BOULDER - A Boulder woman was cited for cruelty after admitting she left her dog in a sweltering car for hours.
AnnMarie Sweeney, a program director at Growing Gardens, told police she took her lab mix named Dune to work on Aug. 4.
According to police, Sweeney said she doesn't usually take Dune to work, adding that she forgot him in the car and went straight to staff meetings around 9 a.m.
"She got very busy at work, got distracted and didn't go back out and check on the dog," says Boulder Police Spokesperson Kim Kobel.
Police say Sweeney did not check on Dune until around 2 p.m. Temperatures were mid 80's that day, and reports say the windows were rolled up and there was no water in the car.
The dog was unconscious but alive when Sweeney rushed him to Alpine Hospital for Animals in the afternoon. Reports show Dune's body temperature was around 107 degrees and his gums and teeth had turned blue from a lack of oxygen flow, an extreme indication of heat stroke. Police say the vets tried to cool the dog down for around two hours before transferring him to Alpenglow Emergency Center, where he was euthanized.
Police say Sweeney was cooperative, open and honest about what happened. Police added that she seemed visibly distraught and emotional about the situation.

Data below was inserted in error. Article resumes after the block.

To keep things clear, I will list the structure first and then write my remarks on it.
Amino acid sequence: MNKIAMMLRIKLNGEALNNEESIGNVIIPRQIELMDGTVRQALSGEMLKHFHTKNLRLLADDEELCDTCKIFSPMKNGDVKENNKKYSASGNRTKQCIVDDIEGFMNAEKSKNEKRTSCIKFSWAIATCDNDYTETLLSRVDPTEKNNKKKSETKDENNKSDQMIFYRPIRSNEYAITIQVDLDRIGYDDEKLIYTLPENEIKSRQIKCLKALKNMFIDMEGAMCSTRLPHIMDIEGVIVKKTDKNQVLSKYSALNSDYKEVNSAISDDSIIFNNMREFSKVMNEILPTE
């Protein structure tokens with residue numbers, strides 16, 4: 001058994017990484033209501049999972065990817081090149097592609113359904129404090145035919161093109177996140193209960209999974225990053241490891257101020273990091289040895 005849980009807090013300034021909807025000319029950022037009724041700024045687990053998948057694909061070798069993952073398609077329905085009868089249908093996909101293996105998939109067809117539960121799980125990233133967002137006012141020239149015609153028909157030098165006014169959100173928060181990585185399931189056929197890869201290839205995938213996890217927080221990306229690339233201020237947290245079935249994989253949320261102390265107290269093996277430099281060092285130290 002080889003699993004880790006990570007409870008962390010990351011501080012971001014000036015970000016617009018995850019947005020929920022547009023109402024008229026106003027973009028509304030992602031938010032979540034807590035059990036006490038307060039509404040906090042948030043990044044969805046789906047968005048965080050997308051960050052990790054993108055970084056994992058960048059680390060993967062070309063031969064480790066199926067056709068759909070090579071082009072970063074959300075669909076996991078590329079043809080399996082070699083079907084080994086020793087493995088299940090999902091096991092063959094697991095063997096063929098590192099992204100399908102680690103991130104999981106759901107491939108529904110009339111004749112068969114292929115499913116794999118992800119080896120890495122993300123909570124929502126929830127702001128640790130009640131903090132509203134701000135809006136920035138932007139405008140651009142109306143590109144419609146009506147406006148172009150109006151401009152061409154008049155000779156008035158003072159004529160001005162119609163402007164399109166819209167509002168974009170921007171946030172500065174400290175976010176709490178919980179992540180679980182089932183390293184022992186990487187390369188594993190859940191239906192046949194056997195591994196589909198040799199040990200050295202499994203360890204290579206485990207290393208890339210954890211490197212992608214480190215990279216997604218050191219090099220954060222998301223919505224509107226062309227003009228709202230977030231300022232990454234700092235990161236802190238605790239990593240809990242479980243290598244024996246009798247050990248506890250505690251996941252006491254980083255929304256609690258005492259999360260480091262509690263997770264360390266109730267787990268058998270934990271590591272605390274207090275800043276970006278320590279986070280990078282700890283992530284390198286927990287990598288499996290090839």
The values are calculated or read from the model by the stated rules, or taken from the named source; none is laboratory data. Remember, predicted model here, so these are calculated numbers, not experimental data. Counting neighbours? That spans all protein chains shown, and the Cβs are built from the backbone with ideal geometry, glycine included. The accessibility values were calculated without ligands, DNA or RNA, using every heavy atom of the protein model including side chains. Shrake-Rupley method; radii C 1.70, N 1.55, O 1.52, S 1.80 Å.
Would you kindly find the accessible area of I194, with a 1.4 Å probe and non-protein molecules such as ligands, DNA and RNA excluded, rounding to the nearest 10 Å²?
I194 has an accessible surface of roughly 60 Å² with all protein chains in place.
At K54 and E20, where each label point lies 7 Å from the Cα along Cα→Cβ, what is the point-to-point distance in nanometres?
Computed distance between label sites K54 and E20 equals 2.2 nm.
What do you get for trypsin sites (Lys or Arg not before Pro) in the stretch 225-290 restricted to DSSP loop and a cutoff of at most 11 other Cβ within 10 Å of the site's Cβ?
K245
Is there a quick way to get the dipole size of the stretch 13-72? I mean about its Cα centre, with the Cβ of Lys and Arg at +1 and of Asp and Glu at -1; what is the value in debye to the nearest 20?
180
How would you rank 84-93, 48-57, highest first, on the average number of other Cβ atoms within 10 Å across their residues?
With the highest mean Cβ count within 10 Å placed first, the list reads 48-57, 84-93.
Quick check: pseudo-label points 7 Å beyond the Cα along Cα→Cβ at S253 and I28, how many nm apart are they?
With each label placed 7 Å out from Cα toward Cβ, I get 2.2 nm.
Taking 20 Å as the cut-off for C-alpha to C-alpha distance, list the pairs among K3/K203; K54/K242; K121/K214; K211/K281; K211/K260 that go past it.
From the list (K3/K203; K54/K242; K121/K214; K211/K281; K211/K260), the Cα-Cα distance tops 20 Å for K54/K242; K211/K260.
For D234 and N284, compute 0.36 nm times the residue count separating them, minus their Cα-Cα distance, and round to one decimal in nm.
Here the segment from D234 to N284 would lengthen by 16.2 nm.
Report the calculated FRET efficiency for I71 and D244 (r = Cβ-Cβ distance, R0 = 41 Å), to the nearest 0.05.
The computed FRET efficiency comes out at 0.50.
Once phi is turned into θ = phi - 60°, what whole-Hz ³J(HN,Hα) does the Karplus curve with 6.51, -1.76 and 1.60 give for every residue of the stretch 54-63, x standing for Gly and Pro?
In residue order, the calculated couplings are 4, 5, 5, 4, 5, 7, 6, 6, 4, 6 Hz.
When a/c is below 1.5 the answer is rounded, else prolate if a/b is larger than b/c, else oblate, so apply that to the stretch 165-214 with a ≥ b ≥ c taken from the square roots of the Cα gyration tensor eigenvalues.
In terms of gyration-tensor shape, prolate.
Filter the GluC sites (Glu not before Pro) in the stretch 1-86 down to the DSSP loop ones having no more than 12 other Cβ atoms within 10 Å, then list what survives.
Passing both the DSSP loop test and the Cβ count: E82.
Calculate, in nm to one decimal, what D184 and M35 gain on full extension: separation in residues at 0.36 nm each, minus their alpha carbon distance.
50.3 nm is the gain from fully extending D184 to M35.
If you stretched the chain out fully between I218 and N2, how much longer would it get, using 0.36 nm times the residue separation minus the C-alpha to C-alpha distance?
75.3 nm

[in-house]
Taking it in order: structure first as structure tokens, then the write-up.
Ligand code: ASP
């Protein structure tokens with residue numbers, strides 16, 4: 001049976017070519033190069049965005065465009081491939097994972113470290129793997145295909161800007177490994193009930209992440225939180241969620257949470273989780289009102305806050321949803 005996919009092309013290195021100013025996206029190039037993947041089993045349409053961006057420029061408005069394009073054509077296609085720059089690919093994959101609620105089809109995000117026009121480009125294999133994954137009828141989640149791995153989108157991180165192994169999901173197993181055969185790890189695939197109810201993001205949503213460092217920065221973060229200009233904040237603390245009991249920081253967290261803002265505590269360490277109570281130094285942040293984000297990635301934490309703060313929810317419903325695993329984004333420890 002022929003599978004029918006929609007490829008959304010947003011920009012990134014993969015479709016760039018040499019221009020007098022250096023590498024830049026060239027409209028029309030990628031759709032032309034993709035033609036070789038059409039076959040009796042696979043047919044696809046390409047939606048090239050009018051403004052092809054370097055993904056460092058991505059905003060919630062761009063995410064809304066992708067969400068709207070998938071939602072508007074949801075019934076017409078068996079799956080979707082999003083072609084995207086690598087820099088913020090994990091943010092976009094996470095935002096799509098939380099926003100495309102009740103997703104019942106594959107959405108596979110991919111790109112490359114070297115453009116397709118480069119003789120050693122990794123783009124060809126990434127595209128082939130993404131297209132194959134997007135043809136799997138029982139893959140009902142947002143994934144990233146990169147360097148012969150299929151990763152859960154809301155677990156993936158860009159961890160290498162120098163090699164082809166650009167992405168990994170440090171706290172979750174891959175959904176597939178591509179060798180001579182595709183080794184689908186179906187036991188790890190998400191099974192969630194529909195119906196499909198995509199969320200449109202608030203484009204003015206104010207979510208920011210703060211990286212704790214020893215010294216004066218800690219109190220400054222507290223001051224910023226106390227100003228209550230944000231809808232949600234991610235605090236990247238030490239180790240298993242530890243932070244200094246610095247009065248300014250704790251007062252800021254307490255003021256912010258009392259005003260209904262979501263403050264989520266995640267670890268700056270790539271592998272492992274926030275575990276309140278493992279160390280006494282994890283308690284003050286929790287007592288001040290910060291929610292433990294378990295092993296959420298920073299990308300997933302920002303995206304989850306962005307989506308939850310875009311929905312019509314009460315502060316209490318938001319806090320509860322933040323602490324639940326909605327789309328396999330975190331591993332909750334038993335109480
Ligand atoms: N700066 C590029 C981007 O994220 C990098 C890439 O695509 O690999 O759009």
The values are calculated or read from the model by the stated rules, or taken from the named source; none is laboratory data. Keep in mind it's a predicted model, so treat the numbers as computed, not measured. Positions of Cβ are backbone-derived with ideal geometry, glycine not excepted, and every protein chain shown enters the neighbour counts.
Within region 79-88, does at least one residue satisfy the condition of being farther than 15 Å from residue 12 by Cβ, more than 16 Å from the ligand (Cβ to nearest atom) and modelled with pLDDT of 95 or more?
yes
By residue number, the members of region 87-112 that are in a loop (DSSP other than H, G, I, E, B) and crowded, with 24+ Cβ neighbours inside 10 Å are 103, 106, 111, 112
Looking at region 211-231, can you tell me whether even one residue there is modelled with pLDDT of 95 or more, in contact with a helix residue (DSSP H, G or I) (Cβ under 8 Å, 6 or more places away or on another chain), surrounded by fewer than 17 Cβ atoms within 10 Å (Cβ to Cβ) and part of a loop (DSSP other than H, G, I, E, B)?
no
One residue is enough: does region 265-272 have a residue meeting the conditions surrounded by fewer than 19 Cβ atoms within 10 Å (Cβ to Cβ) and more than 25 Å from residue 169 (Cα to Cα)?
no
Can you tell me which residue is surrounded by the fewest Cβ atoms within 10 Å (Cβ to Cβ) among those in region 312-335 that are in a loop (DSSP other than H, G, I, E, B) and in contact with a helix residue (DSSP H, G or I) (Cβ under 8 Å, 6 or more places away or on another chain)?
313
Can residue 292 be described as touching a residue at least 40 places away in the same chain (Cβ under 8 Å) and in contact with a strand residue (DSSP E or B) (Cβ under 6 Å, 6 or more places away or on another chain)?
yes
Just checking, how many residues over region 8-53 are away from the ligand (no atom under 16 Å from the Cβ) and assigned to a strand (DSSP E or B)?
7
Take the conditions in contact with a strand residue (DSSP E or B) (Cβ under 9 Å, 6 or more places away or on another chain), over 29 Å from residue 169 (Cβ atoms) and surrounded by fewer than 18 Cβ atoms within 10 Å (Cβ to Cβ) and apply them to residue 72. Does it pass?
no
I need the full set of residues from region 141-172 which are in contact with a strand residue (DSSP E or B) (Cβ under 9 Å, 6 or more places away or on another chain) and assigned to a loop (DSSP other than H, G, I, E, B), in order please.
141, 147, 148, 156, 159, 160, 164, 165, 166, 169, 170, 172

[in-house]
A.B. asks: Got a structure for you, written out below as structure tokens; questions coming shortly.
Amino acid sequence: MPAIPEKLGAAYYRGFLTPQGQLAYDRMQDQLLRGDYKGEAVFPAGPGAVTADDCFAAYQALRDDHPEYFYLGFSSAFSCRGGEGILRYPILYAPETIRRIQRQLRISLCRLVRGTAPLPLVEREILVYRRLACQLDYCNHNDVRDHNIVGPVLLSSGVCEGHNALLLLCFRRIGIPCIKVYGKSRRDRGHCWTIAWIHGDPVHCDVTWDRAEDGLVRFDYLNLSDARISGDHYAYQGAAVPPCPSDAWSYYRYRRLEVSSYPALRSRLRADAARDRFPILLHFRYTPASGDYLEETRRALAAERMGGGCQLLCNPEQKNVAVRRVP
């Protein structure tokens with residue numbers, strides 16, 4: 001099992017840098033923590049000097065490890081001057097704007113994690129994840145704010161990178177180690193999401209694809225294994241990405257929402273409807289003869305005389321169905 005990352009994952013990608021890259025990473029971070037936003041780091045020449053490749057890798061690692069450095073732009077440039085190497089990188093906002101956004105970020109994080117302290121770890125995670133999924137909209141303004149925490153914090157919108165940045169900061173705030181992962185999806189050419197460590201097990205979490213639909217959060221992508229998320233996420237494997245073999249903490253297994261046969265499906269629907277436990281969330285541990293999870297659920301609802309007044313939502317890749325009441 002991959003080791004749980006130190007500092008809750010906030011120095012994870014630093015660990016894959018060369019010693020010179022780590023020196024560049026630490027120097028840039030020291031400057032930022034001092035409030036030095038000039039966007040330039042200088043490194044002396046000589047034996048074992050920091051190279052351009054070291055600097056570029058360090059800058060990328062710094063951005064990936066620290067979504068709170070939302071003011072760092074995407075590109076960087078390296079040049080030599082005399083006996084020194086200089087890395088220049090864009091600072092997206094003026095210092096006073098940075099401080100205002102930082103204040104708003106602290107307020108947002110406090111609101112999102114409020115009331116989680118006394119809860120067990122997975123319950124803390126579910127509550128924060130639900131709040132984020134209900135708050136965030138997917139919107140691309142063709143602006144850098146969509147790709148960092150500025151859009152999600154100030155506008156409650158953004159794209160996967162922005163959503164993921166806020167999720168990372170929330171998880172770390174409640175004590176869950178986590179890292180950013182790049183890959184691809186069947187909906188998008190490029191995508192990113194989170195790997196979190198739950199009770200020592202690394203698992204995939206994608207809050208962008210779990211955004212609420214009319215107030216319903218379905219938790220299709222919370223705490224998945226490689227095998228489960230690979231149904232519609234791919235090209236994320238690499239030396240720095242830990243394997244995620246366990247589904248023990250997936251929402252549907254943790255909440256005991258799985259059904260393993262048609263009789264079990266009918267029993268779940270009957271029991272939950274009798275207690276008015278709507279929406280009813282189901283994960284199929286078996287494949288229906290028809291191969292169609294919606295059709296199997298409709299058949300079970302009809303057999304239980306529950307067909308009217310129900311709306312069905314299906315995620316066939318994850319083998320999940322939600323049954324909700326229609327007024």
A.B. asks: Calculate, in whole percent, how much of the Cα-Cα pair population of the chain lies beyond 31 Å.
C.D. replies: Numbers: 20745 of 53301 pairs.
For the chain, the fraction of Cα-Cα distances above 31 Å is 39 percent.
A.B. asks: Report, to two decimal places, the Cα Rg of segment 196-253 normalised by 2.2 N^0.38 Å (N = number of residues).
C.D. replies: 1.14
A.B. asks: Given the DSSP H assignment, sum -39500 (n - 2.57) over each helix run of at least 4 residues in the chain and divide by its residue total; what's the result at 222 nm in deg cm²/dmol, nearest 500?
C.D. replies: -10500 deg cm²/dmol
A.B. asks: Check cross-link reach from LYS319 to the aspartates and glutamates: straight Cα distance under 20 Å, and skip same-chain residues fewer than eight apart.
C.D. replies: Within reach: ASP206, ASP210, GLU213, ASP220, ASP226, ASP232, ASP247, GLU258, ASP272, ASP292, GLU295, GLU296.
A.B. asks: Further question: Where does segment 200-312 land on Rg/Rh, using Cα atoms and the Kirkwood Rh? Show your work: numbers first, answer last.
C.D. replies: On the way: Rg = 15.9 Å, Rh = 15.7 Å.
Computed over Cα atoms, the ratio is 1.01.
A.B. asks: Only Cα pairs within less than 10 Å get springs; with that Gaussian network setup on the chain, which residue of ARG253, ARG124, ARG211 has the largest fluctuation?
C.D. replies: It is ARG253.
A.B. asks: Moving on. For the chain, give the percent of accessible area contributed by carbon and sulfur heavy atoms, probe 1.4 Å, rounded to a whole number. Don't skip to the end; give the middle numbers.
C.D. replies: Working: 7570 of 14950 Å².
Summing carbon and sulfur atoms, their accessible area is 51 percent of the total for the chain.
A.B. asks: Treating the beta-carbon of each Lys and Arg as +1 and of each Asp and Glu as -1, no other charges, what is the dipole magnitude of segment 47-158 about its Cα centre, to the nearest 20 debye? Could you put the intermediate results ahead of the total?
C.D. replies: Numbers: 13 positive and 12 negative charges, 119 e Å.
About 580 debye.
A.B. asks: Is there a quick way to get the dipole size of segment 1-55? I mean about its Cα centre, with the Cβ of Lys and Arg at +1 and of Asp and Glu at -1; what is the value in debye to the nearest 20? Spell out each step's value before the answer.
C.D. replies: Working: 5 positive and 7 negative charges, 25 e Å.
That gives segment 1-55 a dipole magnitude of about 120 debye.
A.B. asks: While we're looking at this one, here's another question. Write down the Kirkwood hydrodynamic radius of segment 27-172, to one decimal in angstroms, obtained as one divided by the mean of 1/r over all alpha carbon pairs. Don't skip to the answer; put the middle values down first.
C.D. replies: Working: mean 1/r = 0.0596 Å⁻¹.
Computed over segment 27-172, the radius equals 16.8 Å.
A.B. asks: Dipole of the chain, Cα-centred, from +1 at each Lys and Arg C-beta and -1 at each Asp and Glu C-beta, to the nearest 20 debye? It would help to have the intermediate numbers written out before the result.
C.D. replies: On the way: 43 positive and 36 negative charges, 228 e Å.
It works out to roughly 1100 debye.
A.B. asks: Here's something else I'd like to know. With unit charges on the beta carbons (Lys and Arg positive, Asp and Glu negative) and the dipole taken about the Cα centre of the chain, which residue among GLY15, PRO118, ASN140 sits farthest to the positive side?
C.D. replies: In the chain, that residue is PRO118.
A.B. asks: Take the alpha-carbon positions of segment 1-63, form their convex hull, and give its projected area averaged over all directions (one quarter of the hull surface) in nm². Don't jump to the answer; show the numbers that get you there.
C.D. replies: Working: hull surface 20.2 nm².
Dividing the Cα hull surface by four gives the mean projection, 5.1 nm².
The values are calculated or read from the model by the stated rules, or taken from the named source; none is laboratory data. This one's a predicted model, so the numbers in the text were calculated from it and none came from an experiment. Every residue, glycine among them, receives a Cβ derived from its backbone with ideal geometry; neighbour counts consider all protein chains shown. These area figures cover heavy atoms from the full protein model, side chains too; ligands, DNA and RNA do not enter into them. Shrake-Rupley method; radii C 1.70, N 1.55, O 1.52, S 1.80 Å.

By law, Colorado veterinarians are required to report animal cruelty. Boulder Police say both vets did not notify authorities about this case -- instead they were tipped off by an anonymous source.
"I don't know who the anonymous caller is," Kobel said. "But we did follow up with both of those vets and we educated them about their mandatory reporting requirement."
Police say no action will be taken against the vets.
Dr. Matt Booth, the veterinarian with Alpenglow Emergency Center who tried to save Dune's life, says he was aware of the law but his priority was saving the dog.
"It's important that we appropriately deal with the accidents given to us," Dr. Booth says, "We're not judging anybody."
Sweeney was given a state citation for cruelty. If found guilty, she could face up to 90 days in jail.
Police say this case should serve as a reminder to pet-owners about the dangers of leaving animals in cars.
Experts say on a 80 degree day, the inside of a car can heat up to 110 degrees in 10 minutes.
Vets and law enforcement officials say this case should serve as a reminder to pet owners about the dangers of leaving animals in cars.
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